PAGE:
China's Lenovo Group Ltd beat market forecasts on Thursday with its third-quarter net profit thanks to its fast expanding market share.
Lenovo's shares rose sharply to their highest level in more than three and a half years after it reported its results. The shares rose as much as 4.8 percent to hit an intraday high of HK$6.55, the highest level since May 2008.
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Lenovo's financial results over the past few quarters have been strong, mainly propelled by an increase in global market share following the acquisition of Germany's Medion and a joint venture deal with Japan's NEC Corp, and strong sales from emerging markets such as China.
"The overall PC growth is not that exciting, but why we like Lenovo is really, purely based on its ability to gain market share," said Jonathan Ng, an analyst with CIMB Research in Singapore, who has an outperform rating for the company.
Lenovo's performance in China was also a strong point, analysts said.
"Lenovo's performance in China is quite a major factor on why it beat the consensus in the third quarter. It continued to gain market share and its margins there are also the highest compared to the performance in other emerging markets," said Jenny Shih, an analyst with Daiwa CapitalMarkets in Taipei.
China constituted 42 percent of Lenovo's total sales. Its market share in China rose 3.1 percentage points year on year to 35 percent during the reporting quarter, the company said.
"It is also doing pretty well in certain mature markets. The United States for example, has gained market share as some commercial PC users switched to Lenovo given concerns over HP's management and strategy," Shih said.
The Beijing-based, Hong Kong-listed company reported a net profit of $153.46 million for the three months ended December, up 54 percent from $99.65 million a year earlier and outpacing the $130.2 million in a poll by Thomson Reuters I/B/E/S. Third-quarter revenue rose 44 percent from a year earlier to $8.37 billion.
Analysts said Lenovo, which last year edged out Dell Inc to rank behind market leader Hewlett Packard Co in PC sales, needs to increase market share in the fast-growing tablet and smartphone sectors as traditional PCs and laptops have become commoditised.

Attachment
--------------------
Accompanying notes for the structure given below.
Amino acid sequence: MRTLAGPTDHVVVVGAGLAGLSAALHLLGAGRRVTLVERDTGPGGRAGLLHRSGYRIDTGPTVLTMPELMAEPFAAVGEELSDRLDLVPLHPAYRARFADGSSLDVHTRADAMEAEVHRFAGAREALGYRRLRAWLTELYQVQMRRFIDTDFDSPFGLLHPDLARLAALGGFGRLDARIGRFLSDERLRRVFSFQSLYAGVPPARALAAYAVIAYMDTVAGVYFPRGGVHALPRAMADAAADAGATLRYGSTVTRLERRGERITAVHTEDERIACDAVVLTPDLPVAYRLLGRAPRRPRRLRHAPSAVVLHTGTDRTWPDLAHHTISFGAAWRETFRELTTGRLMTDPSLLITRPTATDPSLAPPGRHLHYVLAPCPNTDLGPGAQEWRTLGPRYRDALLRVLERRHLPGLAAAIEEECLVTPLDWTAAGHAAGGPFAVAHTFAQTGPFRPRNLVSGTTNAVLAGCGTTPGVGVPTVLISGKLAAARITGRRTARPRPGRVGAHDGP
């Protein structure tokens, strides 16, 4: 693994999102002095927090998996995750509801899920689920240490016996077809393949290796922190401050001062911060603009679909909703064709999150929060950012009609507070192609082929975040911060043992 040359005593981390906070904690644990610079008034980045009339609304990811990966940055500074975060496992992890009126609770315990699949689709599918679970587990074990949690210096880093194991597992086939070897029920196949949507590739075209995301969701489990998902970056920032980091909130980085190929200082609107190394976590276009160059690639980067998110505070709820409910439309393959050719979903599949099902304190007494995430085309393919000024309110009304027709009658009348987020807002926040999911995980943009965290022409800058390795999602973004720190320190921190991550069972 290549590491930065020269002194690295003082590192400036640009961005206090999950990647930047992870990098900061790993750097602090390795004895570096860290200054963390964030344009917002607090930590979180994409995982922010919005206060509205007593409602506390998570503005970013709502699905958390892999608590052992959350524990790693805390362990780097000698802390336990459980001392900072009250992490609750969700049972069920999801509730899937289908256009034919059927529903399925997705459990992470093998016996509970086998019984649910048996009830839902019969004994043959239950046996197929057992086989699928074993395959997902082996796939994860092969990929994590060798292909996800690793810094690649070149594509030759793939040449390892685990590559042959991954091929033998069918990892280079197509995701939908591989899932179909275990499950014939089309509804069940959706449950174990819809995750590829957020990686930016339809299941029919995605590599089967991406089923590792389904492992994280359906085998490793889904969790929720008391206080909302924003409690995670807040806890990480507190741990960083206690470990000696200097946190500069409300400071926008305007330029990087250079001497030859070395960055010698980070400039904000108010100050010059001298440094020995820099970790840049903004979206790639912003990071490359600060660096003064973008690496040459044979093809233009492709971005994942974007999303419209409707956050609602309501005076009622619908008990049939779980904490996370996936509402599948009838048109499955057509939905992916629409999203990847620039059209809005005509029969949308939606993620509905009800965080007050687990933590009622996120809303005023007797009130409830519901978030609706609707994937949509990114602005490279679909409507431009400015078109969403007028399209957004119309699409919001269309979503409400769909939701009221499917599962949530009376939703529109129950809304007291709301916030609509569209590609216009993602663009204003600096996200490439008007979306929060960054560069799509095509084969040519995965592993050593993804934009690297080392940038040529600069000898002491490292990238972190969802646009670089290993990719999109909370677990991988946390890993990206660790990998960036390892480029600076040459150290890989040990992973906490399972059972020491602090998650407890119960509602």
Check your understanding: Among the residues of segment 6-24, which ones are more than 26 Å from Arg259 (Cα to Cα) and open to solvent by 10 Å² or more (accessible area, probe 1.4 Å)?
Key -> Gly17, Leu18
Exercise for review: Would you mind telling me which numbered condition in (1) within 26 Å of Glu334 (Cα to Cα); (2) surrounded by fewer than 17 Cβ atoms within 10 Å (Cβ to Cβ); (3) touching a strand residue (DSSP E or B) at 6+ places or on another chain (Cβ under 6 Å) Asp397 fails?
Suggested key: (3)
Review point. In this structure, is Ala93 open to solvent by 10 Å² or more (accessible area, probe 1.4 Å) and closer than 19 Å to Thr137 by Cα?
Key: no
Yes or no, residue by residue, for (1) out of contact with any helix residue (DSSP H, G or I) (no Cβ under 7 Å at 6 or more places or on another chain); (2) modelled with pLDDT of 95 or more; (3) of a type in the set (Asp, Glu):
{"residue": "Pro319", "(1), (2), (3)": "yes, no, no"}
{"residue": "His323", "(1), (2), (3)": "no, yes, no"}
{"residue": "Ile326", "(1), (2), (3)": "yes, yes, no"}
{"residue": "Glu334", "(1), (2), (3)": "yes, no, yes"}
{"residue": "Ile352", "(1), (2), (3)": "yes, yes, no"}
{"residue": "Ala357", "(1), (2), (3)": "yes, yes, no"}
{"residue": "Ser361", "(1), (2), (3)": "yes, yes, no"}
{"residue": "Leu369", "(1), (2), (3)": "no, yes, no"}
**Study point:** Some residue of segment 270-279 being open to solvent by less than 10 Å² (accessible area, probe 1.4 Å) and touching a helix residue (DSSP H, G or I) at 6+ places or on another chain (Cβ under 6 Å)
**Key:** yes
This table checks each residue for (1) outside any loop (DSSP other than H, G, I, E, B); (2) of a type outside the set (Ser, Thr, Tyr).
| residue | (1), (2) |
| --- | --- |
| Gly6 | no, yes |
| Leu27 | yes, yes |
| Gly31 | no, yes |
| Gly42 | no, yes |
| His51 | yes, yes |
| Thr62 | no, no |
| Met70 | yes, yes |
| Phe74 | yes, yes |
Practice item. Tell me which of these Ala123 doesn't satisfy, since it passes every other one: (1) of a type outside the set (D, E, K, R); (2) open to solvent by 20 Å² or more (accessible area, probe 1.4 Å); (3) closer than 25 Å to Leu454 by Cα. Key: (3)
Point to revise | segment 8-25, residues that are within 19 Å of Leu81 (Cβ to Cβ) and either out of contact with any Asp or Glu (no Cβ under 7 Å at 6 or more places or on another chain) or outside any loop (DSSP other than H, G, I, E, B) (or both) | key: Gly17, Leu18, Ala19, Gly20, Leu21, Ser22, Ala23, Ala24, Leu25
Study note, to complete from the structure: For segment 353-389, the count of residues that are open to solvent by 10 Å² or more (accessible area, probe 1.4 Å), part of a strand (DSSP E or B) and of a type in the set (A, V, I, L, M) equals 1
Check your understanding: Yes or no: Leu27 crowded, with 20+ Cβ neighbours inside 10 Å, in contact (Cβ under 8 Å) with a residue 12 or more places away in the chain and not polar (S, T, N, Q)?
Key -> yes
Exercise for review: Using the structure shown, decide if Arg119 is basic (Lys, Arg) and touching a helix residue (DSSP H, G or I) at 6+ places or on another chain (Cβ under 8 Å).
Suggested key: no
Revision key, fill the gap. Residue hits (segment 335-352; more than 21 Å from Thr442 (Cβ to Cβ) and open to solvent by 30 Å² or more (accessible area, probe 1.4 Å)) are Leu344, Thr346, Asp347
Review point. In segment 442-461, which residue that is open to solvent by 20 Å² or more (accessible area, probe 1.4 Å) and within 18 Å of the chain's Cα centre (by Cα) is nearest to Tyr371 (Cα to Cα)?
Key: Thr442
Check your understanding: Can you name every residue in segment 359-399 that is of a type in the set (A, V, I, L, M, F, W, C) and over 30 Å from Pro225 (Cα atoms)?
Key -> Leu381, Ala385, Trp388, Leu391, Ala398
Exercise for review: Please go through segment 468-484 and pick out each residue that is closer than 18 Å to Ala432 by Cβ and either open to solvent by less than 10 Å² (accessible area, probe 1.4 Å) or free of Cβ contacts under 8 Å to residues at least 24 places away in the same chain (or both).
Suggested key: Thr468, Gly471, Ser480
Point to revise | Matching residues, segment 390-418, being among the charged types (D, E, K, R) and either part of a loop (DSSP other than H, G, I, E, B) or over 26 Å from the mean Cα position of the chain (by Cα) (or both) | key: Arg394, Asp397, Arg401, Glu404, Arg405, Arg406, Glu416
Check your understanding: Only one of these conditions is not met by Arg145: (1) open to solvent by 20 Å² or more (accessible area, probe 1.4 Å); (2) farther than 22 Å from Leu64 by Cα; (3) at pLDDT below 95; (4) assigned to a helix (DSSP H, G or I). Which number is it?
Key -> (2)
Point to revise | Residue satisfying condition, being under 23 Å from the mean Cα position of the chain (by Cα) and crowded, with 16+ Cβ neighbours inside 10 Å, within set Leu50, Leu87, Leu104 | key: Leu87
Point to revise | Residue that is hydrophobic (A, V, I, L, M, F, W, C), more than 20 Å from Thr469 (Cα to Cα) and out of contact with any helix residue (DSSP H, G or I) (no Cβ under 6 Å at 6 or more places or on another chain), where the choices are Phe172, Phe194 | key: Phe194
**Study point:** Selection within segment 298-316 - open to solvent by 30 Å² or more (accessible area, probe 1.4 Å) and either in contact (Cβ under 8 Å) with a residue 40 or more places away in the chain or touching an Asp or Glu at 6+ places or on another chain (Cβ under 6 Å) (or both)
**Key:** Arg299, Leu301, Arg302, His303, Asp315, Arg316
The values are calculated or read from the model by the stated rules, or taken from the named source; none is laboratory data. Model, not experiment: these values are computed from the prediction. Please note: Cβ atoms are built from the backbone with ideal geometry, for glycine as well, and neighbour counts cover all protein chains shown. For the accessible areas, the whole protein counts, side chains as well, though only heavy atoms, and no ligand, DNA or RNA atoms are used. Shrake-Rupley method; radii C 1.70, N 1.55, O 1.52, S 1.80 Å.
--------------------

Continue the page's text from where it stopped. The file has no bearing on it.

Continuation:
The company has been diversifying into smartphones and tablets with its LePhone and LePad devices, although market share still lags that of major players such as Apple Inc , Samsung Electronics Co Ltd and Chinese companies Huawei Technologies and ZTE Corp .
In the last fiscal quarter, Lenovo shipped 400,000 tablets globally and 6.5 million handsets, including smartphones, executives said on Thursday. Lenovo is now the No.2 tablet provider in China, ranking behind Apple.
"For tablets, there isn't a big contender out there to compete with Apple (globally)," CIMB's Ng said. "If you look at China, Lenovo's brand name is pretty strong."
Lenovo has also launched an online application store called LeGarden and showcased its first smart TV running Google Inc's Android operating system "Ice Cream Sandwich" in a bid to boost its brand in the sector.
The company said it would launch its smart TV in April, but said the TVs would be sold only in China at the beginning because the company needs to line up content providers and carriers before expanding sales globally.
Despite its moves into other sectors, PCs will remain the company's main business.
"We will continue to focus on traditional PCs," CEO and chairman Yang Yuanqing told a teleconference on Thursday. "We want to win in this market until we become the leader. I believe traditional PCs will continue to be our core business."
EUROPE, THAILAND IN FOCUS
Lenovo said its profit margin in the third quarter was 11.4 percent, up 0.2 percentage points from a year earlier, though it fell from a quarter earlier due to the shortage of hard drives, which increased costs, it said.
"Although challenges to worldwide PC demand remain, such as the pace of global economic recovery and the ongoing debt crisis in Western Europe, and even a hard disk drive supply shortage and cost increases, Lenovo remains optimistic that its growth momentum will continue," the company said in a statement.
In November, a senior Lenovo executive said the company aims to maintain margins in coming quarters even though floods in Thailand have disrupted supply chains for hard drives.
Lenovo, formerly known as Legend, has become one of China's best known brands. It plans to restructure to improve its focus on key markets.
In January, Lenovo said its business will be divided into four regions starting April 2. The regions will be China, Asia-Pacific/Latin America, North America and EMEA (Europe, Middle East and Africa). It currently is organized as mature markets, emerging markets and China. (Additional reporting by Twinnie Siu; Editing by Chris Lewis and Matt Driskill)